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Agricultural Implements and Machines in the Collection of the National Museum of History and Technology
John T. Schlebecker
58 pages, 34 figures
1972 (Date of Issue: 18 August 1972)
Number 17, Smithsonian Studies in History and Technology
DOI: 10.5479/si.00810258.17.1
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Museums must collect and exhibit the tools, implements, and machines which farmers use in their business. These items, however, seldom make up the core of real agricultural activity. The catalog here presented shows something of the range of items that farmers use and that can be preserved and shown. The variety nearly equals the volume. Most museums try to avoid duplication. Even so, few museums manage to collect a continuous series of things showing any one line of development. The discontinuity of farm objects on hand virtually rules out the telling of a coherent and complete history of agriculture. Nevertheless, the museum can show something about the major technological developments in agriculture. The evolution of the plow, the reaper, or the tractor can be suggested even if not fully illustrated. Hitting the highlights has to suffice.

The full history of technological change also involves several social and economic conditions.

First, changes in implements, tools, and methods results from the accumulation of knowledge. Device builds upon device: first came the wheel, and then, much later, the tractor.

Secondly, the potential user of the device must feel a need for it. The new method or device not only must save him work but must clearly increase his well-being. If any device or change merely increases the wealth of someone else (a tax collector or a landlord for example), the farmer seldom will adopt the new technology.

Thirdly, since, at first, the new technology almost invariably costs more than the old, the user must have or be able to get the capital to buy and use the newer devices and methods.

Of these conditions for technological change, only the cumulative nature of the knowledge can be shown by the objects. Even here, however, missing objects make it possible to present only the most obvious changes, and then not all of them. Still, seeing the things once used—no matter how crude or how few—can sometimes help us understand the way changes took place. Also, this knowledge sometimes can help us guess how other changes will take place.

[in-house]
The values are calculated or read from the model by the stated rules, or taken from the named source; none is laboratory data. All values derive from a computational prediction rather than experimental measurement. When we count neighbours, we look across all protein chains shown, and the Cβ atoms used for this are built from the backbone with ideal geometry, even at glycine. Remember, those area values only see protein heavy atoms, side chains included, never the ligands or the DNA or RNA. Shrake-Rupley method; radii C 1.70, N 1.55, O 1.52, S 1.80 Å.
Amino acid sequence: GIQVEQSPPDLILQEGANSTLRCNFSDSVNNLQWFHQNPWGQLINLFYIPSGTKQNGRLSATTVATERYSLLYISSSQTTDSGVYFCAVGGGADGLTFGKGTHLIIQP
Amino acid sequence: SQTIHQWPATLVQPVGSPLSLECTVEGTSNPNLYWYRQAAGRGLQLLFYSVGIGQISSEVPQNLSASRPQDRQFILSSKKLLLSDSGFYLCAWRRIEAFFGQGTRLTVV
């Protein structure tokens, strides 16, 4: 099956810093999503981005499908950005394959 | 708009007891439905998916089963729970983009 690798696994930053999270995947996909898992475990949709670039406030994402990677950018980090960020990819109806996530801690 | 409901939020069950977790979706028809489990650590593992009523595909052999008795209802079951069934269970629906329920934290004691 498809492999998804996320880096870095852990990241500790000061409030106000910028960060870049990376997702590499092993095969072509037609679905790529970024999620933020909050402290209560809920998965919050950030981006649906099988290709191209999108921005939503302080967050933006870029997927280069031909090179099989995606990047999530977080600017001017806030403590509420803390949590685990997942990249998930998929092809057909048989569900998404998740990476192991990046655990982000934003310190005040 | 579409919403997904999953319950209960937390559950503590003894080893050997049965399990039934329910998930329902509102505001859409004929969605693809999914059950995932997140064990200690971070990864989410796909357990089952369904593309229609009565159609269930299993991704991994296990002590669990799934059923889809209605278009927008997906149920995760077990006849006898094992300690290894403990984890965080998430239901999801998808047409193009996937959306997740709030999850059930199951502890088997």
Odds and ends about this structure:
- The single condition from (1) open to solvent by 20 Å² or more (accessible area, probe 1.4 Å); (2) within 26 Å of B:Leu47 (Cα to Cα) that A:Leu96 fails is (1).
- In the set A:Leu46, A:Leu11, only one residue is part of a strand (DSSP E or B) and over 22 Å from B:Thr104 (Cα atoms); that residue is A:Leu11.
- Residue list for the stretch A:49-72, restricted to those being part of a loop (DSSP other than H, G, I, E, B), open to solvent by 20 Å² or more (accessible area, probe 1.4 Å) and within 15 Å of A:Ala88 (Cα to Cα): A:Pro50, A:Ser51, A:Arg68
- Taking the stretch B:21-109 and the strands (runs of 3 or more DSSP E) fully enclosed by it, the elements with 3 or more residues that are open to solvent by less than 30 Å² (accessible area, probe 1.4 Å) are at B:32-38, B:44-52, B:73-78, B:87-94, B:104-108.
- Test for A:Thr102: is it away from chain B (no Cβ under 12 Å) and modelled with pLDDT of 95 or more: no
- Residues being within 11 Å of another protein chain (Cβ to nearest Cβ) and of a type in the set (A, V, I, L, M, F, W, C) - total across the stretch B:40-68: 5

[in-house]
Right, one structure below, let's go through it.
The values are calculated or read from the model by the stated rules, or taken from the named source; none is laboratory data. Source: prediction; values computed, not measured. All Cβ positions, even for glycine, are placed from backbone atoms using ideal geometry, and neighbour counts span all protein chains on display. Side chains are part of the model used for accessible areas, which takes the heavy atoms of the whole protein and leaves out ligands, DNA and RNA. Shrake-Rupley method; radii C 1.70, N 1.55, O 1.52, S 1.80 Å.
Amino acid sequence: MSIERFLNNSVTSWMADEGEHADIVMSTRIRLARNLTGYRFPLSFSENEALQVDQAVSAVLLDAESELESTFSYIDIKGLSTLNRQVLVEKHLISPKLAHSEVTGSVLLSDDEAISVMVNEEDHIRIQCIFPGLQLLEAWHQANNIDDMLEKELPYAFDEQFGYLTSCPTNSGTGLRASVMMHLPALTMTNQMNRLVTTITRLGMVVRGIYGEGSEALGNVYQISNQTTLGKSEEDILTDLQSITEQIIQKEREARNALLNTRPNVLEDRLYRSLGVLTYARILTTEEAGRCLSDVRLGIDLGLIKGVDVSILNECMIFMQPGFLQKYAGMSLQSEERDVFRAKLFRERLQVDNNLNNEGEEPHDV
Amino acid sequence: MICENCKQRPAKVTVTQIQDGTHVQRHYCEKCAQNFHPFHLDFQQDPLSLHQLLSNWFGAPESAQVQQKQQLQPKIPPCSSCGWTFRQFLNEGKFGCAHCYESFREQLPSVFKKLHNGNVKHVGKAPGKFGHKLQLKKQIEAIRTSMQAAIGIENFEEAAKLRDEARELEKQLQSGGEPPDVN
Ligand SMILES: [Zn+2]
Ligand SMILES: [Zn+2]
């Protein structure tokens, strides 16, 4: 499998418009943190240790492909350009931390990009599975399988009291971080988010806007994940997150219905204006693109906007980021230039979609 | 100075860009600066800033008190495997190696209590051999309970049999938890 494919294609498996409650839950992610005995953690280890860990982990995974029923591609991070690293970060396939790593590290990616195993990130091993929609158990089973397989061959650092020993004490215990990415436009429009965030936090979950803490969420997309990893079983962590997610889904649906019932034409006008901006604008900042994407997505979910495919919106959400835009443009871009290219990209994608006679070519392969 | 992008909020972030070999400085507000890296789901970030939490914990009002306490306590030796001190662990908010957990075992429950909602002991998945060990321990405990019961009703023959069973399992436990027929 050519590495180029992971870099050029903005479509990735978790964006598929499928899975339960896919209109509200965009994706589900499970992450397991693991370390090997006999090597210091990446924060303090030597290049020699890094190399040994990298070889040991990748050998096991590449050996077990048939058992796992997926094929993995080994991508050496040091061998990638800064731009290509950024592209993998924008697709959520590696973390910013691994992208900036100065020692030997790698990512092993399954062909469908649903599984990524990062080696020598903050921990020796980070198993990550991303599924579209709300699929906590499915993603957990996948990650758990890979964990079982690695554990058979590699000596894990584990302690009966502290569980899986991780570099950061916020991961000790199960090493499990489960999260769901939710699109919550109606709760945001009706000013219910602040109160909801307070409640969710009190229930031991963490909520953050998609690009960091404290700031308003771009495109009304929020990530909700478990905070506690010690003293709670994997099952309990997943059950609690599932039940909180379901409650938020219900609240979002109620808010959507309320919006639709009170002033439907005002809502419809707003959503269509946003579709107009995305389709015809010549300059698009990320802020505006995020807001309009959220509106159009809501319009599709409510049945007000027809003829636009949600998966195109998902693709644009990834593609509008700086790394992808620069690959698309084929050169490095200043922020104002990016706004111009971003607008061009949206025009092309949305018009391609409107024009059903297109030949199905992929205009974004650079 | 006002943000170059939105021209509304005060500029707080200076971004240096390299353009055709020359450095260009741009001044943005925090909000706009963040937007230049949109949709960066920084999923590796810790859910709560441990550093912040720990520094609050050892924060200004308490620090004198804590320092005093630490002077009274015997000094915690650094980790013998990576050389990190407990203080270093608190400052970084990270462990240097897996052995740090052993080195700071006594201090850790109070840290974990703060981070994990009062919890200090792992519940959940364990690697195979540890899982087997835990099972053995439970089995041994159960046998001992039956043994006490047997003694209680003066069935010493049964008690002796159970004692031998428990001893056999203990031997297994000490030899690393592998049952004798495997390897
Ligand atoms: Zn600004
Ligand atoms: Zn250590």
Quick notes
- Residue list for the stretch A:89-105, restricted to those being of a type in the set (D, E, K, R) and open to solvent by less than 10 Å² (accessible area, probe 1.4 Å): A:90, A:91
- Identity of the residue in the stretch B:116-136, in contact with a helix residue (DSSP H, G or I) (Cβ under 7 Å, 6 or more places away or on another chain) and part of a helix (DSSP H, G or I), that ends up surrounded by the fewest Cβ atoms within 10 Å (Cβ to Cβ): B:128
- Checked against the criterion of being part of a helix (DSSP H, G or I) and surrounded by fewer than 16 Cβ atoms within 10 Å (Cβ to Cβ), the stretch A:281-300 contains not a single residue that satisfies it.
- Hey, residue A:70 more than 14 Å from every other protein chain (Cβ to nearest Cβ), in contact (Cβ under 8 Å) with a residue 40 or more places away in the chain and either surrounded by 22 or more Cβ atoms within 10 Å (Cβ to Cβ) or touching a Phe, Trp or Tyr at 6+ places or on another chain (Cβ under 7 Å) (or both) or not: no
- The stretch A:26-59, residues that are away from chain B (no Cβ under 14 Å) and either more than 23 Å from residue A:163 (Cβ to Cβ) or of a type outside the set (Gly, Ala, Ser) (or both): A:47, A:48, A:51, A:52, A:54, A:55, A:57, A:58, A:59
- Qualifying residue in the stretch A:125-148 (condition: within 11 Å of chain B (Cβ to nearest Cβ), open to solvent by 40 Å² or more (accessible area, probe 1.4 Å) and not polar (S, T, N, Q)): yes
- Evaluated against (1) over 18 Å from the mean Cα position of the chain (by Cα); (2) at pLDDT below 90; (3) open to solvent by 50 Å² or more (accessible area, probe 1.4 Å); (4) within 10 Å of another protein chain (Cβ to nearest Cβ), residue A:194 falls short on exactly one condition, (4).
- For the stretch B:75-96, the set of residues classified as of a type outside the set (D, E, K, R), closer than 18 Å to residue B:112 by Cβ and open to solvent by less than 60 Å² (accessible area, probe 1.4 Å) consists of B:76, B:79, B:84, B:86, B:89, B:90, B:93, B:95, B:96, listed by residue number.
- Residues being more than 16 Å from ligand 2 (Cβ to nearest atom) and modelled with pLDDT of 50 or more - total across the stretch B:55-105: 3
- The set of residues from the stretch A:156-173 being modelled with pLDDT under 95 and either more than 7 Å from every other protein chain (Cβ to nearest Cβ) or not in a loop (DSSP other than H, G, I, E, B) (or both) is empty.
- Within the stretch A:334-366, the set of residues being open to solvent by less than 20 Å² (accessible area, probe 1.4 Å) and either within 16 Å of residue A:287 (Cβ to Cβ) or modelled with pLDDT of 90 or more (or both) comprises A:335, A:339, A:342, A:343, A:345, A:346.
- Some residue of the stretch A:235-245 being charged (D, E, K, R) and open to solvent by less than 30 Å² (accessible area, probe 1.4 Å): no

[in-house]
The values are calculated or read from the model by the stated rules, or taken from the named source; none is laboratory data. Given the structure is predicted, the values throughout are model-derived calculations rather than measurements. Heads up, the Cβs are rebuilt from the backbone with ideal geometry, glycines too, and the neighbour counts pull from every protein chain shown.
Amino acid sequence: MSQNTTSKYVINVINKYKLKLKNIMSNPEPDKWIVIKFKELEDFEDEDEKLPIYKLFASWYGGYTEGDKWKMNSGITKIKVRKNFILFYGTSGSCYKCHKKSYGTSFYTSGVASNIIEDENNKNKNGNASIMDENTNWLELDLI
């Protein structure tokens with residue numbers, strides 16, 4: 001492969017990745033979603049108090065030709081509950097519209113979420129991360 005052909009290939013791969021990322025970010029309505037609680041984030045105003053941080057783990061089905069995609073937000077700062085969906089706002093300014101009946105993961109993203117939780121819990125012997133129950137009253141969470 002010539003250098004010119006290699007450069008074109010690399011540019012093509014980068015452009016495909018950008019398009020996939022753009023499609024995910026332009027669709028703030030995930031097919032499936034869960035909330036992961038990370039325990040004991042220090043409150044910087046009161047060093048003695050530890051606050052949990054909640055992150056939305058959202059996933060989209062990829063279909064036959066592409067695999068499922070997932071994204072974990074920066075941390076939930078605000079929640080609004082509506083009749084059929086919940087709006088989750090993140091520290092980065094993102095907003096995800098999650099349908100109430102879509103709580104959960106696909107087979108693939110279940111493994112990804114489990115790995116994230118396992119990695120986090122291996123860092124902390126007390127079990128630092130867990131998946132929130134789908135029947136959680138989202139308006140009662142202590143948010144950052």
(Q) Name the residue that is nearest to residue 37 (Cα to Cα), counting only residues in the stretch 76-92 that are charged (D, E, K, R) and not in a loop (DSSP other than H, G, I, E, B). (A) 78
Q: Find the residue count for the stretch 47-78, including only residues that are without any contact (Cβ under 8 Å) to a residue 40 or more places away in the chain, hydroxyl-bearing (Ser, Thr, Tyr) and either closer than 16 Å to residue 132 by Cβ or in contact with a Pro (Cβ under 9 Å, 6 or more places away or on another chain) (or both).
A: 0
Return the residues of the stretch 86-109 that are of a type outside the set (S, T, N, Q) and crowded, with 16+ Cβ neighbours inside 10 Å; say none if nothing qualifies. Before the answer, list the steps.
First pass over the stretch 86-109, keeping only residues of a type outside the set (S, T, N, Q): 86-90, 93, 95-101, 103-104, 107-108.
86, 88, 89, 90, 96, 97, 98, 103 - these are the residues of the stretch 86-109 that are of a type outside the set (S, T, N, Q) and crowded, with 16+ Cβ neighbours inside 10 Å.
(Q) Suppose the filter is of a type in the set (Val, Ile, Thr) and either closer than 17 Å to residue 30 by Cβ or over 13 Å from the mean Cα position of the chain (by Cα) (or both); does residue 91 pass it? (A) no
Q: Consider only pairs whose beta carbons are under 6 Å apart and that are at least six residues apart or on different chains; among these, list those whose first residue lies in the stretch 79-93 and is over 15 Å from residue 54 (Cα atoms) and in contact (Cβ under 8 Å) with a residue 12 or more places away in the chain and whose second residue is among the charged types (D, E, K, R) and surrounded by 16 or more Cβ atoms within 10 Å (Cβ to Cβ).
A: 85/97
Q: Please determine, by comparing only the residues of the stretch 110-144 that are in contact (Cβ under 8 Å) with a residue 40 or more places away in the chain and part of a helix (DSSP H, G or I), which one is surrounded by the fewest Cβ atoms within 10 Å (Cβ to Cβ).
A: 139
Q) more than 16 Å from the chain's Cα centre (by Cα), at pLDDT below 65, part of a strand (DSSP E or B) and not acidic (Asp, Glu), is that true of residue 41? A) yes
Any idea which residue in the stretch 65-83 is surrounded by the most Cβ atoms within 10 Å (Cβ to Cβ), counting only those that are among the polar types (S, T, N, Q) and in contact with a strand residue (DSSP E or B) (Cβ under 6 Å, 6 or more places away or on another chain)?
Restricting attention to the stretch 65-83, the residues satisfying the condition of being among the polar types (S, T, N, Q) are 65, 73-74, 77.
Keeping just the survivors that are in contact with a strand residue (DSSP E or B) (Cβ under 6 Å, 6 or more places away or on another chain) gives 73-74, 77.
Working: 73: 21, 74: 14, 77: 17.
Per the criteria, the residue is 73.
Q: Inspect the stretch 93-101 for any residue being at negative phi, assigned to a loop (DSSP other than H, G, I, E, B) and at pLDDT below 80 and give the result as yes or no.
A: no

Alfred, the First Continental Flagship 1775-1778
John J. McCusker
19 pages, 13 figures, 1 table
1973 (Date of Issue: 25 June 1973)
Number 20, Smithsonian Studies in History and Technology
DOI: 10.5479/si.00810258.20.1
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Alfred, as one of the first ships of the Continental Navy of the United Colonies, as the flagship of the first American fleet, as the first ship to hoist the Grand Union Flag of the United Colonies, and the first command ship of an American amphibious invasion of enemy territory, played no small role in the winning of independence for the United States. Her place is secure in our national heritage.

American Single Locomotives and the “Pioneer”
John H. White, Jr.
50 pages, 52 figures, 2 tables
1973 (Date of Issue: 19 September 1973)
Number 25, Smithsonian Studies in History and Technology
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In the mid-nineteenth century there was a renewed interest in the light, single-axle locomotives which were proving so very successful for passenger traffic. These engines were built in limited number by nearly every well-known maker, and among the few remaining is the six-wheel Pioneer, on display in the Smithsonian Institution's National Museum of History and Technology. This locomotive is a true representation of a light passenger locomotive of 1851 and a historic relic of the mid-nineteenth century.

The Art Crusade: An Analysis of American Drawing Manuals, 1820-1860
Peter C. Marzio
94 pages, 47 figures
1976 (Date of Issue: 27 October 1976)
Number 34, Smithsonian Studies in History and Technology
DOI: 10.5479/si.00810258.34.1
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Between 1820 and 1860 approximately 145 popular drawing manuals were published in the United States. Authored by painters, printers, and educators the drawing books were aimed at the general public. Based on the democratic ideal that “anyone who can learn to write can learn to draw,” the manuals followed a highly structured system of drawing based on the theory that lines were the essence of form. The aesthetic system of Sir Joshua Reynolds often served as the principal artistic guideline, while the pedagogy of Johann Heinrich Pestalozzi was used as a tool for making “drawing” part of a general approach to education.